The collection also contains correspondence, employment forms, promotional literature, photographs and sales training literature from Evan "Ding" Rangeloff=s early career as a sales representative and regional sales manager for Liggett & Myers Tobacco Company. Of particular interest are sales training manuals which explore the psychology of selling in the 1950s, manuals which detail sales cigarette marketing strategies at military bases and on Indian reservations, and materials relating to Liggett & Myers sponsorship of Formula One car racing in the 1970s.
Arrangement:
Series 1: Business Records, circa 1954-1991

Series 2: Photographs, circa 1920-1970

Series 3: Sales Training Literature, circa 1955-1957, 1974, 1979

Series 4: Punchboards, circa 1910-1970
Historical:
During and after his employment as a salesman and regional sales manager with Liggett & Myers Tobacco Company in Duluth, Minnesota, Mr. Rangeloff began collecting the gambling and sales promotion devices known as punchboards. In 1999-2000, he donated a large and representative selection of punchboards to the Archives Center. The term "punchboard" (or in some cases "punch board," "push board," "punchcard," or "pushcard") refers to a gambling device popular in the United States from roughly 1910 until 1970. Punchboards could be used for fundraising, sales promotion and gambling--sometimes all at once. Punchboards were typically found in places where men gathered socially, such as bars, pool halls, barber shops, and men's clubs. Punchboards also could be found in beauty parlors, drug stores, and other small retail establishments. With their promise of easy money, punchboards enjoyed great success during the Depression, and continued to enjoy popularity during and after World War II. According to Scarne's Complete Guide to Gambling (New York, N.Y.: Simon and Schuster, 1961), approximately 30 million punchboards were sold between 1910 and 1915. Scarne estimated that 50 million punchboards were sold in 1939 alone, at the peak of their popularity. Punchboard sales declined significantly after WWII, and by the mid-1970s the boards had been outlawed in most states.

Punchboards trace their lineage to 18th century lottery game boards. These handmade boards, with the winning ticket placed by the operator, offered no safeguards against corruption, however, and their misuse may have contributed to the game=s waning popularity. In 1905, C.A. Brewer and C.G. Scannell patented a new version of the traditional game. By 1910, modern manufacturing techniques, including the invention of board stuffing machines and ticket folding machines, contributed to the reinvigoration of the punchboard. The new punchboards were constructed out of cardboard, with a sheet of paper or foil covering both front and back of the board. This covering was intended to prevent the operator from discovering where the winning tickets were or otherwise tampering with the board. Cheap, portable, disposable, and offering a ready vehicle for advertising, punchboards are an exuberant, if ephemeral, expression of 20th century mass culture.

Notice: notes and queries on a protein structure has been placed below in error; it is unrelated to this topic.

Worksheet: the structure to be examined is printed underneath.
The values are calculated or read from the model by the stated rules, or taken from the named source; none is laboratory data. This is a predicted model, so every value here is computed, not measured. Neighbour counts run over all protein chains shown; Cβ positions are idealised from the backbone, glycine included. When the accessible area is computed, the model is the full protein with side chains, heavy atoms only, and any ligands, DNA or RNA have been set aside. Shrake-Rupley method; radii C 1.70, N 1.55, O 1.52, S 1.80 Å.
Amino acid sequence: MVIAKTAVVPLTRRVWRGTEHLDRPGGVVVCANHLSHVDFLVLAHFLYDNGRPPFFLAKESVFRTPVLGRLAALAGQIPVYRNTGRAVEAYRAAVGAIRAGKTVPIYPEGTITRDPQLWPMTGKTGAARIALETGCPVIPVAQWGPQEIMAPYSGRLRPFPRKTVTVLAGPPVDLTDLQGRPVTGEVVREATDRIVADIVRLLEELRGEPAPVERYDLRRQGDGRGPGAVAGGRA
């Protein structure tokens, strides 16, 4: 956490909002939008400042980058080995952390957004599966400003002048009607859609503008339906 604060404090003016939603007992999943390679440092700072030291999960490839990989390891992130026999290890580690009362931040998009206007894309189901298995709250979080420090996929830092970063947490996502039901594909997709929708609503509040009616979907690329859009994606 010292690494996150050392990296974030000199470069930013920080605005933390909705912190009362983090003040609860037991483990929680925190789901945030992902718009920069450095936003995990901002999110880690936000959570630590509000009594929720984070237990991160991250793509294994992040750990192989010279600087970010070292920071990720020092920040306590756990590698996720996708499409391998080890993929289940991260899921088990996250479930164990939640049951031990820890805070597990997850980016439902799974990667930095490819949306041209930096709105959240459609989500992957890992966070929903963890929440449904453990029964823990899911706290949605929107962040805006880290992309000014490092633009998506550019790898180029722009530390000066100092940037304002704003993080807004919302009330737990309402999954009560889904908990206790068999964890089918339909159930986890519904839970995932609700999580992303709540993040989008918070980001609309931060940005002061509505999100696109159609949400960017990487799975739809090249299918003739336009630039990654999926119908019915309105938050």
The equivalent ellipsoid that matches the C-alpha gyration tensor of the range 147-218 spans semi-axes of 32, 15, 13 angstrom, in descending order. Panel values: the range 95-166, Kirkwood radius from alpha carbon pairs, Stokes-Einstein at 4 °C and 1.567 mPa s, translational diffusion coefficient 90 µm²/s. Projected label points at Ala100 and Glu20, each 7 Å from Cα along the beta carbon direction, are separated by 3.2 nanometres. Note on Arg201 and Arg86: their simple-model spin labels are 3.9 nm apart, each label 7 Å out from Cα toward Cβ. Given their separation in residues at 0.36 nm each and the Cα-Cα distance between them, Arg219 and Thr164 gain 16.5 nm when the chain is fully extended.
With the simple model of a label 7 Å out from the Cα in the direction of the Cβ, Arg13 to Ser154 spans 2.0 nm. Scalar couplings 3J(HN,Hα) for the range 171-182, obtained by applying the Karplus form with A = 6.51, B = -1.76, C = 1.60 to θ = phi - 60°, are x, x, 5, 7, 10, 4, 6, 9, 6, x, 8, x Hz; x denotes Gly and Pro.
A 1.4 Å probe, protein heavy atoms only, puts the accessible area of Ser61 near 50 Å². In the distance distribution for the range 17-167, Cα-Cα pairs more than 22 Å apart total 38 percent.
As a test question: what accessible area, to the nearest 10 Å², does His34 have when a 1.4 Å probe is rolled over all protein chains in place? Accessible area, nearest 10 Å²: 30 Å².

A modern punchboard typically consists of a square or rectangular piece of pressed wood or cardboard (from 2 inch to one inch in thickness) in which hundreds or thousands of holes have been drilled in a regular pattern, then loaded with tiny slips of rolled or folded paper. Each slip of paper had a number or symbol printed on it. Both front and back of the board were covered with a foil or paper seal. The front of the board typically featured some form of attention-getting commercial imagery and a chart listing the winning number or combination of numbers and symbols, along with the prizes or cash amounts to be awarded to the winners. The boards were sold with a metal stylus or "punch" for the players to use.

A player paid the punchboard's operator a set amount of money (typically a nickel, dime, or quarter) for a chance to use a metal stylus to break the seal on the hole of his choice, and punch one of the slips of paper out of the board. If the number or symbols found on the slip of paper matched one of the pre determined winning combinations, the player was awarded the corresponding prize.

Punchboard manufacturers sold the boards blank or preprinted. Blank boards were sold to "jobbers" or salesmen who then added their own imagery or advertisement, and many surviving punchboards feature advertisements for products that were inexpensive and had mass appeal, such as peanuts, candy and cigarettes. Some of these boards offered the advertised product as the prize; these came to be known as prizeboards. Some prizeboards were constructed with a shadow box meant to contain prizes such as rhinestone sunglasses, wristwatches, Bowie knives, or even handguns. Punchboard manufacturers also sold the board pre-printed with various kinds of commercial imagery--sports, gambling, and patriotic imagery were well-represented, as were folk figures, racial and ethnic stereotypes, and the ubiquitous pin-up girls. Most of these boards were played for cash.